There are a few changes since the last Twist festival (2 years ago), there has been construction on the building and a covid clinic has taken over what used to be the classrooms. There were, as in previous years, tents outside for Emerging Artists and the Food court.
3) the first outside tent
Inside there are two halls, the arena and the gym and locker room spaces which they are using for classrooms this year. My plan of attack was to cruise through the larger hall first, looking for long locks (the Olive sparrow and a couple more booths might have some) but taking a quick photo of the Black Lamb’s mill ends on the way by. Continuing on to the small hall where the booth for Fibercraft might also have long locks. We were in agreement and had a plan of attack!! With Mr. Mer leaning over the back support of my walker, the line started to move and we were off! We breezed through the emerging artist’s tent (I will look more carefully later) and took a fast sweep through the main hall looking for the elusive long fibre locks.
4) Inside the Arena (lots of knitting yarn but looking for those elusive locks) 5) Half of the Black Lamb’s booth. They have mill-end fibre.
Pausing briefly, I took a quick shot of the pile of mill ends at the black lamb’s booth. I am fascinated by the hugeness of the pile as the weekend starts and the speed it dwindles as the weekend progresses. I will be back shortly and do a bit of shopping there myself. I hope that some of the other guild members will post the after pictures from Sunday! Finding only a few booths with any fibre, none of it as long as I was hoping, we turned our vehicle to the small arena to do a quick fly-through there.
6) AH ha! We found some locks, not as long as he wanted but a good colour.
We headed past booths with knitting yarn towards the Fibercarft booth, which was looking like our last hope for anyone with long 12-inch or longer locks for Mr. Mer’s hair. I hope he will not be too unhappy if he winds up with a military haircut if long wavy locks are unattainable.
7) Success!! We bought a bundle of green and a bundle of orange-red for his daughter or wife’s hair.
These were the only extra-long locks we were able to find this year at Twist. There may have been some in the back of a booth I did not see, but we were pretty thorough in our such (Next year there will be lots I’m sure since a short bald Mer-fish was asking for them!). The green locks look a bit bright but there is the option to over-die or it may be ok as an accent with the locks from Bernadette. He will show you his loot in a bit. We met a relative of his while we were in the Fibercraft booth. She was also inspired by Sara’s “Mermaid-felt-along” at the beginning of the pandemic. (https://www.youtube.com/watch?v=hljS4YRmz9w&t=1992s) this was a great way to keep us sane and busy during our time isolating. I am not sure if Sara realizes what she has inspired!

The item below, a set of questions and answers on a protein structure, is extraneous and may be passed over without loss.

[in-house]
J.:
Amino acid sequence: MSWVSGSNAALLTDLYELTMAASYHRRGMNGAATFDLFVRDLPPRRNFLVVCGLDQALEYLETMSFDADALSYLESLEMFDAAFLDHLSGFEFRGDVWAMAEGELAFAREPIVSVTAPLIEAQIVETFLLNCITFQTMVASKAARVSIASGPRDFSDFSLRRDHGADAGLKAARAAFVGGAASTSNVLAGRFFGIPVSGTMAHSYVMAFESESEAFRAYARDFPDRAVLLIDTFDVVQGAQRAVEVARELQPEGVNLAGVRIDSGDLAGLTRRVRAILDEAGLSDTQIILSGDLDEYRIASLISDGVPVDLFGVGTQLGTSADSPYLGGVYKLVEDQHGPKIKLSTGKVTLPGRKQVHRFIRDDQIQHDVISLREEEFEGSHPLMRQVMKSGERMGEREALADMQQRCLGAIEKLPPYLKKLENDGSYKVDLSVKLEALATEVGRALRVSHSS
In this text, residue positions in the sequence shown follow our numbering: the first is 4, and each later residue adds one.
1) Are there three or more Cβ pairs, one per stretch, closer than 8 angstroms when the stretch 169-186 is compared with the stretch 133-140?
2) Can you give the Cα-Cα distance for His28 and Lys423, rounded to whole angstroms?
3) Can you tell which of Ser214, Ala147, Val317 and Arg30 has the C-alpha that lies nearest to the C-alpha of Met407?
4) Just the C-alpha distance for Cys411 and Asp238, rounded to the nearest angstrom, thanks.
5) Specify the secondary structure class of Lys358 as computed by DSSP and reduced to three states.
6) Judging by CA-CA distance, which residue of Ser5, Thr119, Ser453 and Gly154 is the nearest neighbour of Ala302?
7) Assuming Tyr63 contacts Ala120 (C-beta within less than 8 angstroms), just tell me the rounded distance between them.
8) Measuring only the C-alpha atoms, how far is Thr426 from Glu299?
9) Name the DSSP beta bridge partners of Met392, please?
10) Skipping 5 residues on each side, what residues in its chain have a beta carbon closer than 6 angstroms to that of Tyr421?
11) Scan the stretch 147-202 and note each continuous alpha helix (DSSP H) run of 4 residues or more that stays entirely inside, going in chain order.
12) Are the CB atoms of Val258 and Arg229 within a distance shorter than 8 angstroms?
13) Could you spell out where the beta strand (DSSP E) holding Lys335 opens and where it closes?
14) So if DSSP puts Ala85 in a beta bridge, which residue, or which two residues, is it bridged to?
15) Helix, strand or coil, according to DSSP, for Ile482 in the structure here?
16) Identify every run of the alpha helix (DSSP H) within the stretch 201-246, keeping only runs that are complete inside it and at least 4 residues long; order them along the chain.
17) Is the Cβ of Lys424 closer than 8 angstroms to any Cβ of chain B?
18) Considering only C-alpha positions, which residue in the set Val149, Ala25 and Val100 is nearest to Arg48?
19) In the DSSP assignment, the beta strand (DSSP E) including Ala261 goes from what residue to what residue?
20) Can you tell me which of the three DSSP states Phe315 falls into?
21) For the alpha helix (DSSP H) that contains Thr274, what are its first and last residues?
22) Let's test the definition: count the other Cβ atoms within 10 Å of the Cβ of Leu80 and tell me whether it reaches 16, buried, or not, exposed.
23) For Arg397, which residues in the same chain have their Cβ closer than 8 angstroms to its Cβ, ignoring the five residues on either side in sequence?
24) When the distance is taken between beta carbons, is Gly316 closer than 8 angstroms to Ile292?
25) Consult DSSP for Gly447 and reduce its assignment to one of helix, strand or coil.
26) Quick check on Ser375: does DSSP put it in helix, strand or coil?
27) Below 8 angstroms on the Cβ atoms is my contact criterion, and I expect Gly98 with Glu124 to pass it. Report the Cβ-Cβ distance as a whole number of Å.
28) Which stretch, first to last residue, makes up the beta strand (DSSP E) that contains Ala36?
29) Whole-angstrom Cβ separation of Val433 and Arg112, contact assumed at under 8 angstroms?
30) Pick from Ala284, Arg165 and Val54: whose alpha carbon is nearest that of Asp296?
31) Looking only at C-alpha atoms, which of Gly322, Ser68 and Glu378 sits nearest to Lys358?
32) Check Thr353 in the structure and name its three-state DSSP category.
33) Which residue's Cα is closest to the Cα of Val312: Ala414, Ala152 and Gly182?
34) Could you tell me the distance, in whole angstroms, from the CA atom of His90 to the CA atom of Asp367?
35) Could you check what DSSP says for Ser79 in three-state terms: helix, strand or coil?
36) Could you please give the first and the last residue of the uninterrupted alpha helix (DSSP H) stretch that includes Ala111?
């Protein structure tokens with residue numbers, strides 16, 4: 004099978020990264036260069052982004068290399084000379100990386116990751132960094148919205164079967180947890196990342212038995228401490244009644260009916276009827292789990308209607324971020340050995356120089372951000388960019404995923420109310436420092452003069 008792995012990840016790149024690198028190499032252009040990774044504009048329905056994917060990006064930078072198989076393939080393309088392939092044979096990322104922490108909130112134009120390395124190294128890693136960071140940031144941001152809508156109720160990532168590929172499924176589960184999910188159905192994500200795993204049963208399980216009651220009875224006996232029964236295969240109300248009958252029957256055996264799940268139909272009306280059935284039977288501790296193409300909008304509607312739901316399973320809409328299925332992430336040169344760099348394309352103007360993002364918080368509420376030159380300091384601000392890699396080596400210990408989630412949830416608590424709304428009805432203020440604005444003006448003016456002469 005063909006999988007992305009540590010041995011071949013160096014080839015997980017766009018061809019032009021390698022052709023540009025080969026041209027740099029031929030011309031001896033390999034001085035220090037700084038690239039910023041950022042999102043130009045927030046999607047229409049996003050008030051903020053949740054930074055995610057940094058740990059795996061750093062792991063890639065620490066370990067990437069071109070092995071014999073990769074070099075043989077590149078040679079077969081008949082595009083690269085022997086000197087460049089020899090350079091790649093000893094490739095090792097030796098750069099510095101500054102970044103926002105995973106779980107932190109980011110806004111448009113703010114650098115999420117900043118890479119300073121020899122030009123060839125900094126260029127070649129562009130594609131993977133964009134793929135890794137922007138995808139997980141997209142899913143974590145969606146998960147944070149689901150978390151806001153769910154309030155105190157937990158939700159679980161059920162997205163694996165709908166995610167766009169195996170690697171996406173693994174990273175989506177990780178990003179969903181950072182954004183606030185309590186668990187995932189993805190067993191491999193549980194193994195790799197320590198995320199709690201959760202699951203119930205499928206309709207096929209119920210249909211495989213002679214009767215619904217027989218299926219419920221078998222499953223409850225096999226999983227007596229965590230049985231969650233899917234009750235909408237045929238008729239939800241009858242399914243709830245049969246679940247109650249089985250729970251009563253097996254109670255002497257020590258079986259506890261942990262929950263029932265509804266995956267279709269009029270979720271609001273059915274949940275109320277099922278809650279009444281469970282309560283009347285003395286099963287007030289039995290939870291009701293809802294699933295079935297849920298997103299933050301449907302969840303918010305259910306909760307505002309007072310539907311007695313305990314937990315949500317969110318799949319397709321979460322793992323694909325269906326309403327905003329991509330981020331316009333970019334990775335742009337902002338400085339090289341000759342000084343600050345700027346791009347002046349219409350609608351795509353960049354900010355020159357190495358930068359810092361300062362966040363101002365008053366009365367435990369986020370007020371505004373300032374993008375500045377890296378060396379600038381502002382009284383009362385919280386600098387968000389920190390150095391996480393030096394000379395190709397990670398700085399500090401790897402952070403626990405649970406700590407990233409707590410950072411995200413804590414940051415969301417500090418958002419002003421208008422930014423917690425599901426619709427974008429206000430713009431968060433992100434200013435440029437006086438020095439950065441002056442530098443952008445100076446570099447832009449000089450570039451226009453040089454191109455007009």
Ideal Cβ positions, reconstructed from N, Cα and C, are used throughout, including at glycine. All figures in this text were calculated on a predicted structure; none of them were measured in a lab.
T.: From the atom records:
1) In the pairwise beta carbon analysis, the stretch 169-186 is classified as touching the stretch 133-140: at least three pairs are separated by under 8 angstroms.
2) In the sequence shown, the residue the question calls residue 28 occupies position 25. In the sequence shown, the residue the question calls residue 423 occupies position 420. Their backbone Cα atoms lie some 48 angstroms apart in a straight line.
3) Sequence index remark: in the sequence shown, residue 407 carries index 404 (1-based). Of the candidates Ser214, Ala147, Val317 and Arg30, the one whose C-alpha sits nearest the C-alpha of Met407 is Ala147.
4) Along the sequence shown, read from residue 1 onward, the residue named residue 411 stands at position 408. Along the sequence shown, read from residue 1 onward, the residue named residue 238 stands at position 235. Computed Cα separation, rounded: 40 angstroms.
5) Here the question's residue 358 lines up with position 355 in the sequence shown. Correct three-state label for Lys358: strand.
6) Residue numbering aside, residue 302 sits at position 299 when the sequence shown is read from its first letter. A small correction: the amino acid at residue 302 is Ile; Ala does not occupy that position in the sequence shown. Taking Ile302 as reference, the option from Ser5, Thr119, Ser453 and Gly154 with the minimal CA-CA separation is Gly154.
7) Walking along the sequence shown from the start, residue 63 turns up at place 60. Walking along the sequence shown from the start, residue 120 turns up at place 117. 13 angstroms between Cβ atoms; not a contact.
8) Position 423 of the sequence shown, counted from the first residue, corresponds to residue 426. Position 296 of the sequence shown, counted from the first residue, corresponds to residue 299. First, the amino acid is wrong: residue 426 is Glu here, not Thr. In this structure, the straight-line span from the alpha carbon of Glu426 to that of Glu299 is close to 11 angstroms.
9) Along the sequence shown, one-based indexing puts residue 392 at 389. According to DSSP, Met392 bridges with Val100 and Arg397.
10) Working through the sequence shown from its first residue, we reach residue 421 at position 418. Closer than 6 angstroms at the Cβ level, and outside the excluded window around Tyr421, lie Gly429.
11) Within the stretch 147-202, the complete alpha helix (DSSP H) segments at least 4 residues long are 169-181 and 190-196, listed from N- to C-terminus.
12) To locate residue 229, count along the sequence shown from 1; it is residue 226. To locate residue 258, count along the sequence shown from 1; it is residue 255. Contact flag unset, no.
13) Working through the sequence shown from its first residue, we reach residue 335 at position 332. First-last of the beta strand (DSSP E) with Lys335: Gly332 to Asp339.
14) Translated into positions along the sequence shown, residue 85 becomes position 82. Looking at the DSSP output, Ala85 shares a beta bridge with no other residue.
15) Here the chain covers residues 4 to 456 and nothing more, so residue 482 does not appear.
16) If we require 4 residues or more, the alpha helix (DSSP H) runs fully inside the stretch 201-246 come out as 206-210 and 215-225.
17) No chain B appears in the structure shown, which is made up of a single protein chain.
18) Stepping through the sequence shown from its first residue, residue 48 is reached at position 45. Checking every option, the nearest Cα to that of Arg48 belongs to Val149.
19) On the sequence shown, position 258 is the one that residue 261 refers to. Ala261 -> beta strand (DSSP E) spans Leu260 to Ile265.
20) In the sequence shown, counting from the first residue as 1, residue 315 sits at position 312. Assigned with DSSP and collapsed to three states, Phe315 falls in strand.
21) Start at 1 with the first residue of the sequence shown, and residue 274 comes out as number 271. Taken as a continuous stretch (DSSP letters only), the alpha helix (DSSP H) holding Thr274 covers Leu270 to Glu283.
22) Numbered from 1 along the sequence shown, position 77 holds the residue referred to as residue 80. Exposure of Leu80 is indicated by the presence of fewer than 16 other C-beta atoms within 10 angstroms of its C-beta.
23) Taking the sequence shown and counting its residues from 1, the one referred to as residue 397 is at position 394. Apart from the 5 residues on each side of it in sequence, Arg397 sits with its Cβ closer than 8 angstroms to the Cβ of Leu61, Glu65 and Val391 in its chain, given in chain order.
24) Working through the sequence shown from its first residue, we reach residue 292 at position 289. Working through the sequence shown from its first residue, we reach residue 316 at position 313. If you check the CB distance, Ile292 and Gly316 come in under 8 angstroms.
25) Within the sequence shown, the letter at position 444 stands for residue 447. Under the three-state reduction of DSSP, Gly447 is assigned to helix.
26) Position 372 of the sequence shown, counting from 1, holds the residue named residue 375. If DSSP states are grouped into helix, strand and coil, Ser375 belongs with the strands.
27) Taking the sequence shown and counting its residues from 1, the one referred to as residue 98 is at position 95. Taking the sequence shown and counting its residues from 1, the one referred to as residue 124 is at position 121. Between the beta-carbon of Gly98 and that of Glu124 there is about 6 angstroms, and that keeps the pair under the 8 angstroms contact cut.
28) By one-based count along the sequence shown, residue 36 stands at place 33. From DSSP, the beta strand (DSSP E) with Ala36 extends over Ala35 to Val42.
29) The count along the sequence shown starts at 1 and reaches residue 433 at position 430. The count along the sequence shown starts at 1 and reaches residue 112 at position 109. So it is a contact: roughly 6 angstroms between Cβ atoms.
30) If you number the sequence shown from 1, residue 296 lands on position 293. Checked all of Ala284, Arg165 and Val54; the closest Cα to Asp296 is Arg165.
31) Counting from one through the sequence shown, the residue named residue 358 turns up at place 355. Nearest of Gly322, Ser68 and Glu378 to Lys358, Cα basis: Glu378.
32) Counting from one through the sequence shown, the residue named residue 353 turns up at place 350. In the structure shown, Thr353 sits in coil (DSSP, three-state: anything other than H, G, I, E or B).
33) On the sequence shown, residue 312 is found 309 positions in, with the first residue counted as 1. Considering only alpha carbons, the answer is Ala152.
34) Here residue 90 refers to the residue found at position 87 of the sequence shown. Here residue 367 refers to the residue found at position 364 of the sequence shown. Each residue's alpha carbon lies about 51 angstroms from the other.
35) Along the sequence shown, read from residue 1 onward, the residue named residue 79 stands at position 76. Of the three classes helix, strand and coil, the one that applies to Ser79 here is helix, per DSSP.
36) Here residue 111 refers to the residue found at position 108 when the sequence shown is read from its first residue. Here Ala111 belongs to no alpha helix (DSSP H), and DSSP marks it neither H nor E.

8) Mr. Mer met another Mer from a different branch of the family. (from the same Sara Felt along!)
We said goodbye to his cousin, I didn’t get her name so we referred to her as Ms. Coral Mer. With his shopping now done, we can relax and see what else is on offer.
Around the next corner, we spotted some familiar looking felt. This is Richard Hanna, he is an excellent sculptural felter and sometimes member of the local guild. It has been inspiring watching him work on some of his large pieces during meetings (the Narnian Lion head and Marilyn Monroe head were both very memorable). He has made some interesting green men and tree people more recently. He was quite busy so we didn’t have much time to chat. It was great to see him again, I hope he will have the time to come back to the guild and attend socials.
9) Richard Hanna’s booth at Twist
We stopped to have a quick chat with another guild member, weaver and basket maker Janet Whittam.
10) Janet Whittam’s booth
I took one of Janet’s basketry workshops years ago. To begin we went for a walk down country lanes near her home, collecting wild grapevines and other interesting vegetation. This salvaged material was used with various cane to make a basket. It was so much fun. Janet mentioned while we were chatting and I was admiring the new baskets, that working with the antler as she wove the basket was quite challenging. The final effect was definitely worth the extra work!
11) needle storage
In one booth I saw this lovely little pottery needle holder. What an elegant way to store needles!
12) These mice were so cute but I have no idea what they cost, I could not find a price and the vendor seemed very busy so I didn’t ask.
13) This is a prin to skene winder.
The Prin to Skene winder was incredibly cool and I would love to have bought it, I don’t know where I would put it but it turned easily and was just so cool! That is a giant bag of superwash merino mill ends, it’s sitting beside ($10.00 per LB). This means we’re back in the arena at the Black Lamb’s booth. Here are a few more shots to drool at. I got the last of the BFL (Blue Faced Lester)/silk which is fun to spin and it will also felt!
14) A few of the specialty blends at the Black Lamb booth